Real estate is a prime example of a sector that needs some refreshing, but not all related exchange traded funds answer that call.
The Goldman Sachs Future Real Estate and Infrastructure Equity ETF (GREI) is a real estate ETF for a modern investing landscape and not simply because the fund is new in this category. With infrastructure and real estate serving as foundations for a variety of secular growth themes, GREI is all the more relevant today for investors wanting to tap into growth areas in market segments not often associated with such traits.
“The real estate and infrastructure asset class is being rapidly reshaped by secular growth trends including innovation, environmental and social sustainability, experiences over things and demographic shifts,” according to Goldman Sachs Asset Management (GSAM).
As GSAM notes, real estate investing is often associated with lower correlation to stocks and bonds, above-average dividend yields, and favorable volatility traits. However, investors don’t often think of real estate as being innovative. GREI bridges that divide, providing market participants with a best-of-both-worlds, modernized real estate solution with the convenience of the ETF wrapper.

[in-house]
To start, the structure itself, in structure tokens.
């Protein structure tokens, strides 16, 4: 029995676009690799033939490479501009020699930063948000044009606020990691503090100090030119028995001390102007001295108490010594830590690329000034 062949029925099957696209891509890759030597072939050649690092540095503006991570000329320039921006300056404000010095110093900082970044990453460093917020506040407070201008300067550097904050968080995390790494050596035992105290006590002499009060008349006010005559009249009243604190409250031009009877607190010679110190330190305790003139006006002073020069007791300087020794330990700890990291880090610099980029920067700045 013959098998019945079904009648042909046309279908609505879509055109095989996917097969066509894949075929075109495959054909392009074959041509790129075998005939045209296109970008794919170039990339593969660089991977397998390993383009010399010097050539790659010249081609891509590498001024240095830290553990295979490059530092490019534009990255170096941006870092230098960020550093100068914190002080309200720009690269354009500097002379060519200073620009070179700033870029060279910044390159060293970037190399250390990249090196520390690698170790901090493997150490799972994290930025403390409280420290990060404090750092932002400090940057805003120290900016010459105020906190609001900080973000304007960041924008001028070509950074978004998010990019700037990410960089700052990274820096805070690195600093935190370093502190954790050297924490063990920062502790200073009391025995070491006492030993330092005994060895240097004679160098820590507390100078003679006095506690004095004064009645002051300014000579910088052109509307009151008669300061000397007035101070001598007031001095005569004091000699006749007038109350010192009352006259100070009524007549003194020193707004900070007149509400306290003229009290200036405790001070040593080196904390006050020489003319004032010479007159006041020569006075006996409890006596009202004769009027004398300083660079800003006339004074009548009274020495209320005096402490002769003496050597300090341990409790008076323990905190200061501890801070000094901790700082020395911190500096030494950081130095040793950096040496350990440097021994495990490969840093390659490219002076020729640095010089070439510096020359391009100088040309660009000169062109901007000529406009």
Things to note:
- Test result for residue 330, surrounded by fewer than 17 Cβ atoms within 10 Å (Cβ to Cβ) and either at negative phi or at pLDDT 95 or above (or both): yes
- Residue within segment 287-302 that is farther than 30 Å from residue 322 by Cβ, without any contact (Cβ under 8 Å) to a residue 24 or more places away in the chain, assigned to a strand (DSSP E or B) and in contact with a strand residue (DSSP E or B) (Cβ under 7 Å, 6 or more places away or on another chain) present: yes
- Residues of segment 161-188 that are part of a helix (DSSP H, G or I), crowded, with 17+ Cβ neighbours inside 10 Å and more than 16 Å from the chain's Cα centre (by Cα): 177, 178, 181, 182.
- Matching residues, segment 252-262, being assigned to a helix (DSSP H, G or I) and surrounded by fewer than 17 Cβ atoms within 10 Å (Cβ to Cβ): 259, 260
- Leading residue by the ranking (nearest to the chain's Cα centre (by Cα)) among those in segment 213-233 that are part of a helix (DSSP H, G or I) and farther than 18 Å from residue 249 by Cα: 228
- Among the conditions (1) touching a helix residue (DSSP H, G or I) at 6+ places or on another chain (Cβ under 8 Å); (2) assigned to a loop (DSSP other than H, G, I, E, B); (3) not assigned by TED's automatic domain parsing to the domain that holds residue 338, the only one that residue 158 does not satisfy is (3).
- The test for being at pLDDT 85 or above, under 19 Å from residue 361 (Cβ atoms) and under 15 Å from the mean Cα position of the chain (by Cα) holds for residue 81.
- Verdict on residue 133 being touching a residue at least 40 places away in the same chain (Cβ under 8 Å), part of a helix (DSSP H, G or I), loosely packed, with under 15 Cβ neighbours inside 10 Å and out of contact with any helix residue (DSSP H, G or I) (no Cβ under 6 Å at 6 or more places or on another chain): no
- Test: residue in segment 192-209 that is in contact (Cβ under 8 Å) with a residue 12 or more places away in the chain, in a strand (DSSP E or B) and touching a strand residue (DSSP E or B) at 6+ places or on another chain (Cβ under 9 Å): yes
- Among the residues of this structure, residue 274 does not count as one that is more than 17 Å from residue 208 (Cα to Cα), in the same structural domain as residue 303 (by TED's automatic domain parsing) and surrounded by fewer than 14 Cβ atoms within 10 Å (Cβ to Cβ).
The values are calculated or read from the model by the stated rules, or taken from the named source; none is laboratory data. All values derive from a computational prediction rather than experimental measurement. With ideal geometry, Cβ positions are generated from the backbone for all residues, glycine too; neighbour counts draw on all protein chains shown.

“Rapid advancements in technology are dramatically changing the world. But in our view, traditional, market-cap weighted benchmarks are over-concentrated in a few names and are backward-looking, allocating too much capital to past winners and leaving investors potentially underexposed to future winners,” added GSAM.
To those points, GREI can potentially shine because it’s actively managed, making it something of a standout in a landscape littered with passively managed funds. In the real estate sector in particular, old guard, passive, cap-weighted ETFs often deliver on the promise of above-average dividends, but they do so at the expense of not being adequately allocated to real estate and infrastructure growth stories.
Owing to its status as an actively managed ETF, GREI offers flexibility that traditional rivals lack, enabling investors to stay on the right side of real estate disruption. As such, GREI’s managers can also steer investors away from companies that are vulnerable to that disruption and ones that run the risk of one day becoming obsolete.
“GREI invests in both real estate and infrastructure, as we believe combining the two provides strong return potential for investors while avoiding unintended concentration risk, since they have similar investment attributes, but different demand drivers,” concluded GSAM.
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The opinions and forecasts expressed herein are solely those of Tom Lydon, and may not actually come to pass. Information on this site should not be used or construed as an offer to sell, a solicitation of an offer to buy, or a recommendation for any product.